The versatile and highly-accurate frequency inverters are crucial for Modula in order to adjust the speed, power and torque requirements based on client specifications. The same inverter commands axis z and axis x. For this particular application, a customised firmware has been implemented, which allows the two axes to use the positioning functionality.
Data collection automation
According to Vero, automating data collection in a warehouse can immediately cut costs and improve productivity. This is achieved in three ways:
- By eliminating manual scanning: barcodes are typically scanned by MHE drivers when picking items, however, there is more to this process than a simple read of a barcode. Hidden time-drainers include the manoeuvers involved in being able to scan the code in the first place as well as the time to require to manually operate a hand-held device. This can take up to 15 seconds of additional time per pallet move. While this may not sound like much, it all adds up quickly and equates to four hours of time wasted for every 1,000 pallets moved.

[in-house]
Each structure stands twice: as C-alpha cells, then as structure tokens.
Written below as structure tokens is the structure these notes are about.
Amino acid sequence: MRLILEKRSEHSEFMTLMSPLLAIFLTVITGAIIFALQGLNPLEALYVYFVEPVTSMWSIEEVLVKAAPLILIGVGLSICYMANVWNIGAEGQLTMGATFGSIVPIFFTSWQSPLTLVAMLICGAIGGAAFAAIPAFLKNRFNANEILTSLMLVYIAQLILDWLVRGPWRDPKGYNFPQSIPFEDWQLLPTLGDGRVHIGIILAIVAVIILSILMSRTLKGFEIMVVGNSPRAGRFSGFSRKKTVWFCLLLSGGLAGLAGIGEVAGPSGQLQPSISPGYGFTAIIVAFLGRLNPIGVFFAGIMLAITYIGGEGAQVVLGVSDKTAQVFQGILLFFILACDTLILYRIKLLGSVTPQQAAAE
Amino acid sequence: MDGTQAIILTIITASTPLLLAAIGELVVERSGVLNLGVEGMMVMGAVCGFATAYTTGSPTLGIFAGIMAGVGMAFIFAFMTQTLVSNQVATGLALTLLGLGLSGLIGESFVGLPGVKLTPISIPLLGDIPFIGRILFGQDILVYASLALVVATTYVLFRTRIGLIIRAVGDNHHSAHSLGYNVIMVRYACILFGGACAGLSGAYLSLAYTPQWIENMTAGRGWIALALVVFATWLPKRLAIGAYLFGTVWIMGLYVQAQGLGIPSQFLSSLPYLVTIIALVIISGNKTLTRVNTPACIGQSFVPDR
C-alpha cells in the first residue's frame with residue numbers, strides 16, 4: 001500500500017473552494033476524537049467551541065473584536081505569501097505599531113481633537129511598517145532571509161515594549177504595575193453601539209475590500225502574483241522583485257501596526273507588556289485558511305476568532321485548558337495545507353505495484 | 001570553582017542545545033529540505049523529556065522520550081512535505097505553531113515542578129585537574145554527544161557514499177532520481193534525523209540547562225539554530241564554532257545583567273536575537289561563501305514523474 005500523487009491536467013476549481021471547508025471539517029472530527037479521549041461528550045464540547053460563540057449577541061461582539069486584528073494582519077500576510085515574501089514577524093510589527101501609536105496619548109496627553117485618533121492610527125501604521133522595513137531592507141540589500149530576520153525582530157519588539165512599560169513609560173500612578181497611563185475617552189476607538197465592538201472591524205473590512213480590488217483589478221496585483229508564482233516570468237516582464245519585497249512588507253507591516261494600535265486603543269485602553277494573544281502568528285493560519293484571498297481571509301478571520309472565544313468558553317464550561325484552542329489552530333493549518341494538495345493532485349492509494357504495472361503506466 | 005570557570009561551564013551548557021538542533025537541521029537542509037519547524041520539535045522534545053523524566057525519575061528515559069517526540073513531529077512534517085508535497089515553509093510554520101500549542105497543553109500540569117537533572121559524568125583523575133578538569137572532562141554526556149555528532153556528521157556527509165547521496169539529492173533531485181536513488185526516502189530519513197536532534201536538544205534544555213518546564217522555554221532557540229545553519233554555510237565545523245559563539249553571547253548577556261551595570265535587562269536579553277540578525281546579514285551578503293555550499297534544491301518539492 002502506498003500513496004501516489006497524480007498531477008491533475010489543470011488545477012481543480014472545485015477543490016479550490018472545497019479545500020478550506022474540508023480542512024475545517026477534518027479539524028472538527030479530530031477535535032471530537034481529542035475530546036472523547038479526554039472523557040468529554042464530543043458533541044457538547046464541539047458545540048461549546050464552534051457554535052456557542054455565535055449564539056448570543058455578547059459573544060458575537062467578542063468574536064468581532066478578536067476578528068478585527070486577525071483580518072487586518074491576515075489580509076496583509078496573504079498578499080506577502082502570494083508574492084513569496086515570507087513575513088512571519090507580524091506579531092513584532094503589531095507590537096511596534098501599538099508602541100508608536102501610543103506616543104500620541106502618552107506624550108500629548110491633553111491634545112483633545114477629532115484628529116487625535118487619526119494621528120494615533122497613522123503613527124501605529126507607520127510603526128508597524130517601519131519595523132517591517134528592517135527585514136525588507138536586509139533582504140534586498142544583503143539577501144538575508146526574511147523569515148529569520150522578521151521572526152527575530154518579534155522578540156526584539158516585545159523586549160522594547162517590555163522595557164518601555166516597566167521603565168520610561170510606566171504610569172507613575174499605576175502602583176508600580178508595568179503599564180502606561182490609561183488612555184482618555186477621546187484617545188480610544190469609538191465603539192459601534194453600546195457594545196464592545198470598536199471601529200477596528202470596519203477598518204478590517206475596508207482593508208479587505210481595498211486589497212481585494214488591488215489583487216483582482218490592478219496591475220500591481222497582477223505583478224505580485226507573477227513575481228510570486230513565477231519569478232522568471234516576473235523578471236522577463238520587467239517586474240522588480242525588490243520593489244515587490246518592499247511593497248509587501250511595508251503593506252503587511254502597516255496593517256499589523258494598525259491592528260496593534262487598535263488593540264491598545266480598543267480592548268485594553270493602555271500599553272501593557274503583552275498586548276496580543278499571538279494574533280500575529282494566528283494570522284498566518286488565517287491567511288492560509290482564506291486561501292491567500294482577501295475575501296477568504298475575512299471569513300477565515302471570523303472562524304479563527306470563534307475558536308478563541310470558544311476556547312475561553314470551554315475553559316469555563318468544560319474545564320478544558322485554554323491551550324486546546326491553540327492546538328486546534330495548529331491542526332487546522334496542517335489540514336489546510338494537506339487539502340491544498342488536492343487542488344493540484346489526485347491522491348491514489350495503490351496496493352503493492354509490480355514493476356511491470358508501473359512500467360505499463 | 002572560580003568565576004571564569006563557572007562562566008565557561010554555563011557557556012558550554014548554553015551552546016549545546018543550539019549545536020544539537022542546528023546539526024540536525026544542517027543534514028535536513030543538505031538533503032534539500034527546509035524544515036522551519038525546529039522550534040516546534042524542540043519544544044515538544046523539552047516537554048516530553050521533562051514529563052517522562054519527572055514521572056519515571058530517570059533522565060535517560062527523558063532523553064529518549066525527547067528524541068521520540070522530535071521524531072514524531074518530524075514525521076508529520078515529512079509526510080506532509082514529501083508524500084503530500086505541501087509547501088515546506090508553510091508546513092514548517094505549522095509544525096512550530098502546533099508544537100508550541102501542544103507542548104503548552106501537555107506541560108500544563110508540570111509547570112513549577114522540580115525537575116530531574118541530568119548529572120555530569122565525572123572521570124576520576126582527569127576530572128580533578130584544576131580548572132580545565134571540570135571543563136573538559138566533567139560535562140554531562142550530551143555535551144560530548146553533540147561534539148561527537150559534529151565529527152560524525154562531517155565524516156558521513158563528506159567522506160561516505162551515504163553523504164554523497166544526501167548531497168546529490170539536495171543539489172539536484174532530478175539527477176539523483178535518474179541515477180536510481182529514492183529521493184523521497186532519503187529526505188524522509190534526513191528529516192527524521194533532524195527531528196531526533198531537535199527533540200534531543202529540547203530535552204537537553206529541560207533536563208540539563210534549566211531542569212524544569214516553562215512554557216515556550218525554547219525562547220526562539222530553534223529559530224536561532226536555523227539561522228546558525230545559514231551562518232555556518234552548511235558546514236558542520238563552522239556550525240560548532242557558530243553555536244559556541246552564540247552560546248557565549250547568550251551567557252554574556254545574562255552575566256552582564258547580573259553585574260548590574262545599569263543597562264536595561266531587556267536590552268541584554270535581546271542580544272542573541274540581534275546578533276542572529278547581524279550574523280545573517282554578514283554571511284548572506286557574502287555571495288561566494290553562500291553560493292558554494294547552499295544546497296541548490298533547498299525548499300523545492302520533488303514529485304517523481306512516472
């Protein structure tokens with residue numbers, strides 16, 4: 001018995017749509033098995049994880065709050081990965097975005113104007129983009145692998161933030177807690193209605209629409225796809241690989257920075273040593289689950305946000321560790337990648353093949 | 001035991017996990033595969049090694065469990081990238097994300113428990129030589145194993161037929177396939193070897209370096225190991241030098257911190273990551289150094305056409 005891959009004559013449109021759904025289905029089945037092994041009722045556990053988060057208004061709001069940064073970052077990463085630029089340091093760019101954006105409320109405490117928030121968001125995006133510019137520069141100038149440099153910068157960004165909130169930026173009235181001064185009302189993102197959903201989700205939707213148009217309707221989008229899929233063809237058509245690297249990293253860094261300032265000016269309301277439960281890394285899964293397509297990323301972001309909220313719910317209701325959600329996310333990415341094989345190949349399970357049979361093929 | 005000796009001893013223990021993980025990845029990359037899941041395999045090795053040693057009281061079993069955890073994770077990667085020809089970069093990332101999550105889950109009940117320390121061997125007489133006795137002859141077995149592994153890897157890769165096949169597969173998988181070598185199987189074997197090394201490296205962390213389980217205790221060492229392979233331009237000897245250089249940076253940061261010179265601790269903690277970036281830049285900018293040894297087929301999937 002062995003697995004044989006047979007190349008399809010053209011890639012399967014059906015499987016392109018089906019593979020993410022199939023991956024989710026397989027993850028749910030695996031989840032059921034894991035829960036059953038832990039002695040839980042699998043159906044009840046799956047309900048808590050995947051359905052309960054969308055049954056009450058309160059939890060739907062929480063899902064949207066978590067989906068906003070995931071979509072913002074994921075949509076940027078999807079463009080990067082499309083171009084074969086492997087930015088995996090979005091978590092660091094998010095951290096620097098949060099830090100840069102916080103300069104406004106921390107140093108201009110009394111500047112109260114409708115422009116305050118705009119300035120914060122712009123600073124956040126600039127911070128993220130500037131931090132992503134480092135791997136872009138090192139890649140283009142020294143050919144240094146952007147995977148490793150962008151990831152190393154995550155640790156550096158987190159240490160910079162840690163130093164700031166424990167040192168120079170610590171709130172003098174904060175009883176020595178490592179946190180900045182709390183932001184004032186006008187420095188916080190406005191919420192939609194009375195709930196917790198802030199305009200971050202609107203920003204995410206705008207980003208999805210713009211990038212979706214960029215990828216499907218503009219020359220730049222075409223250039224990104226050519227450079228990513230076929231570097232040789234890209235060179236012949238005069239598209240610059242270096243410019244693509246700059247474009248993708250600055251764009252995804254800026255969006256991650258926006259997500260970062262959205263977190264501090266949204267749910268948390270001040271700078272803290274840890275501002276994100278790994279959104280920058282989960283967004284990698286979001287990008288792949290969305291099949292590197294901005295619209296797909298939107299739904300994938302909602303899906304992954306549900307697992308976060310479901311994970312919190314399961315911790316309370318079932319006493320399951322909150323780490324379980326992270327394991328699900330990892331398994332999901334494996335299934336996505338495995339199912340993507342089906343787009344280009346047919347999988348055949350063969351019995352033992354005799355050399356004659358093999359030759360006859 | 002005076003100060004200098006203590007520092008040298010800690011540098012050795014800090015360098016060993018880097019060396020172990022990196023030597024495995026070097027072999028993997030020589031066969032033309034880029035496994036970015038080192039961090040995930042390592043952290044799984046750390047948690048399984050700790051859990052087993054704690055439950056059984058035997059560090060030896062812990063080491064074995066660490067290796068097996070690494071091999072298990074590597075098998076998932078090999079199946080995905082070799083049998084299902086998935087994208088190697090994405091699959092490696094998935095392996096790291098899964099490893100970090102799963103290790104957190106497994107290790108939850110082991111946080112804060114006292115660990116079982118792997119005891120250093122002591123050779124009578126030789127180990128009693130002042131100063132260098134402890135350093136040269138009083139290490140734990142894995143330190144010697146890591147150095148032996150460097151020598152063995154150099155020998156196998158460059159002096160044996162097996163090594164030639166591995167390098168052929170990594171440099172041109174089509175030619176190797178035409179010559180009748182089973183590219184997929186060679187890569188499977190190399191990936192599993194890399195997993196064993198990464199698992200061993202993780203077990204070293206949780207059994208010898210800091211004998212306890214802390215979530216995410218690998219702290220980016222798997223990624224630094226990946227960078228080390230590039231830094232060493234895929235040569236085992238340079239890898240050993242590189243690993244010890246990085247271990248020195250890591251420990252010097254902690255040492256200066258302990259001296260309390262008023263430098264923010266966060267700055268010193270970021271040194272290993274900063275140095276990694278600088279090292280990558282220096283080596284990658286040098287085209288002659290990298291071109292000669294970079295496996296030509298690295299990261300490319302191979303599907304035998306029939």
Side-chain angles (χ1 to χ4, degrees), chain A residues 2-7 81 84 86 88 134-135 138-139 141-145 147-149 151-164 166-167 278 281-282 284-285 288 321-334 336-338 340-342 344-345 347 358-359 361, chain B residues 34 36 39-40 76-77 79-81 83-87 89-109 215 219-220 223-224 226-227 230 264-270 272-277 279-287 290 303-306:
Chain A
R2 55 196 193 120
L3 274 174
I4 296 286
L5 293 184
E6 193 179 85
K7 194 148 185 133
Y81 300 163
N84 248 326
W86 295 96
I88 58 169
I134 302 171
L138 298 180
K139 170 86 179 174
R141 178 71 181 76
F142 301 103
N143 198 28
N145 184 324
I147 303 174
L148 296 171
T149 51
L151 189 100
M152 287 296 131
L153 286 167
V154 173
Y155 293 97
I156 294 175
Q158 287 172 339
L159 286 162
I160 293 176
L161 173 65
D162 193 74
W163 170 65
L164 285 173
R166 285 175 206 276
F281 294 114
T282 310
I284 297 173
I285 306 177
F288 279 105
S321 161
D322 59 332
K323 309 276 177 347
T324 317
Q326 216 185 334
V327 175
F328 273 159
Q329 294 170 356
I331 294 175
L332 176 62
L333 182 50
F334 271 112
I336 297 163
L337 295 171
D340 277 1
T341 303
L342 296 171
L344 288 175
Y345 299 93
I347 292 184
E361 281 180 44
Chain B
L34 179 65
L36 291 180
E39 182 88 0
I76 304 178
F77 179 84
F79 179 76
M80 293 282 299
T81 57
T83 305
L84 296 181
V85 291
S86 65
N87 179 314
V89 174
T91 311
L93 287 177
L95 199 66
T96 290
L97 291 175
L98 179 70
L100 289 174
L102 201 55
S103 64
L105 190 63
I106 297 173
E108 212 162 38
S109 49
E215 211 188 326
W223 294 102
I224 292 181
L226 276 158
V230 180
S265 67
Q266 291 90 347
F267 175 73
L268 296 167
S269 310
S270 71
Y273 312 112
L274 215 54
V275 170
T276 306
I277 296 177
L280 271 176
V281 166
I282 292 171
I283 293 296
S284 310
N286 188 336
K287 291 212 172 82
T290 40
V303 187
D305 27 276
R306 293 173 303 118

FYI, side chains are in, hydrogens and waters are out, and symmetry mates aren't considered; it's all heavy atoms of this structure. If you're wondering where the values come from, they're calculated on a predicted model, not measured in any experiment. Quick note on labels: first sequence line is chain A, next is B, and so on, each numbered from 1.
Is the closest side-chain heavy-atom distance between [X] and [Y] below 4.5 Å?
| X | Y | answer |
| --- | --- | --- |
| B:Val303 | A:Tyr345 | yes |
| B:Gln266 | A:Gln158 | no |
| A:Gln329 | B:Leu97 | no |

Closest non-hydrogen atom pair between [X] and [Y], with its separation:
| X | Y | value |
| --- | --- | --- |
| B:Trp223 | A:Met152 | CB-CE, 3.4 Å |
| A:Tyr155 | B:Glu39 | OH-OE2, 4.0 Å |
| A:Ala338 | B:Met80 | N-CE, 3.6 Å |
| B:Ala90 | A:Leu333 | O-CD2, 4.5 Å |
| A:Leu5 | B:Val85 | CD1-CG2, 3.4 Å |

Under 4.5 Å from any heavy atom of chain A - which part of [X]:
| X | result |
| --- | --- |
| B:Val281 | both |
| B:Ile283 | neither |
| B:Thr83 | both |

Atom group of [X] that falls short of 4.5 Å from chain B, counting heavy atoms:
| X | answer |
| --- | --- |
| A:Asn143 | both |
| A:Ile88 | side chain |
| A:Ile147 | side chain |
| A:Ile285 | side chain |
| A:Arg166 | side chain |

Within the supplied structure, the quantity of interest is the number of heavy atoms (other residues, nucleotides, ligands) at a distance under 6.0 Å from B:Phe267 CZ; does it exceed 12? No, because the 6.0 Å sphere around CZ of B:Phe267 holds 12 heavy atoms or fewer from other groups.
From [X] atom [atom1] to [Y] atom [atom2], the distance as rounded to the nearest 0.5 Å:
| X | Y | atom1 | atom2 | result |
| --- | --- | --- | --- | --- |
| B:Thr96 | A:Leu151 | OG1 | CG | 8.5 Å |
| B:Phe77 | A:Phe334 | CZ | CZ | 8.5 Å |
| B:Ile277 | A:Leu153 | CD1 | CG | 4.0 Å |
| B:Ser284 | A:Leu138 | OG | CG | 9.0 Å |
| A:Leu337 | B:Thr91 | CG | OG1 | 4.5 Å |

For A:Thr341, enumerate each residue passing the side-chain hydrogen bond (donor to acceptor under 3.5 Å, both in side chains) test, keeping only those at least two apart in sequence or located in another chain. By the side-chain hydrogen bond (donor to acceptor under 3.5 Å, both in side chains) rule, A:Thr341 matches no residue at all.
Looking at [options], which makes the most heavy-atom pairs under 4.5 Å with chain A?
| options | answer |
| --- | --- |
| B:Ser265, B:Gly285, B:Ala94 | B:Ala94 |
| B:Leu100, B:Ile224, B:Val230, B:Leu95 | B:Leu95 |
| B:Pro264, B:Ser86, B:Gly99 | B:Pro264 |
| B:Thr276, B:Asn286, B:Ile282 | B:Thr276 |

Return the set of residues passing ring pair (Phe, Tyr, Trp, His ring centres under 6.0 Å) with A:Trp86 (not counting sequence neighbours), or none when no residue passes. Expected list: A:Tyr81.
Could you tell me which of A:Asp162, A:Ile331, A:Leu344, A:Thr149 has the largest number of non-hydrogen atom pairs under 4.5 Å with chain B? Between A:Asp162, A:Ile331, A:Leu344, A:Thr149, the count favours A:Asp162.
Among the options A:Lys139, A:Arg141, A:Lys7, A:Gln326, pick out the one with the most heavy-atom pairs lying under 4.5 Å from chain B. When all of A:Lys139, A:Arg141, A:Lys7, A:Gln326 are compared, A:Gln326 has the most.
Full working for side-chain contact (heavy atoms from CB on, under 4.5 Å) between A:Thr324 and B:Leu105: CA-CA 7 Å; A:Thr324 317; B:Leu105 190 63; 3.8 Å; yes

- By improving inventory accuracy: removing the risk of human error from the pallet moving process provides assurance that inventory locations are always recorded correctly. This eliminates the time spent searching for misplaced items and reduces the amount of effort required for stock reconciliation exercises, such as cycle counting and stock checking.
- By providing accurate and timely data: an automated system helps to make informed decisions that will result in productivity improvements, such as working out how many forklift trucks and operators are required for each shift.
- Warehouse automation comes in all shapes and sizes, each with its own level of complexity and cost
- Investment in automated material handling systems and technologies could take as little as 6 months to as long as 10 years for effective ROI
- Automated system at ASOS transforms lead times and brings down cost of labour per unit, giving flexibility to expand
- Mobile comms technology based on 4G helps co-ordinate thousands of fast-moving machines to within a fraction of a second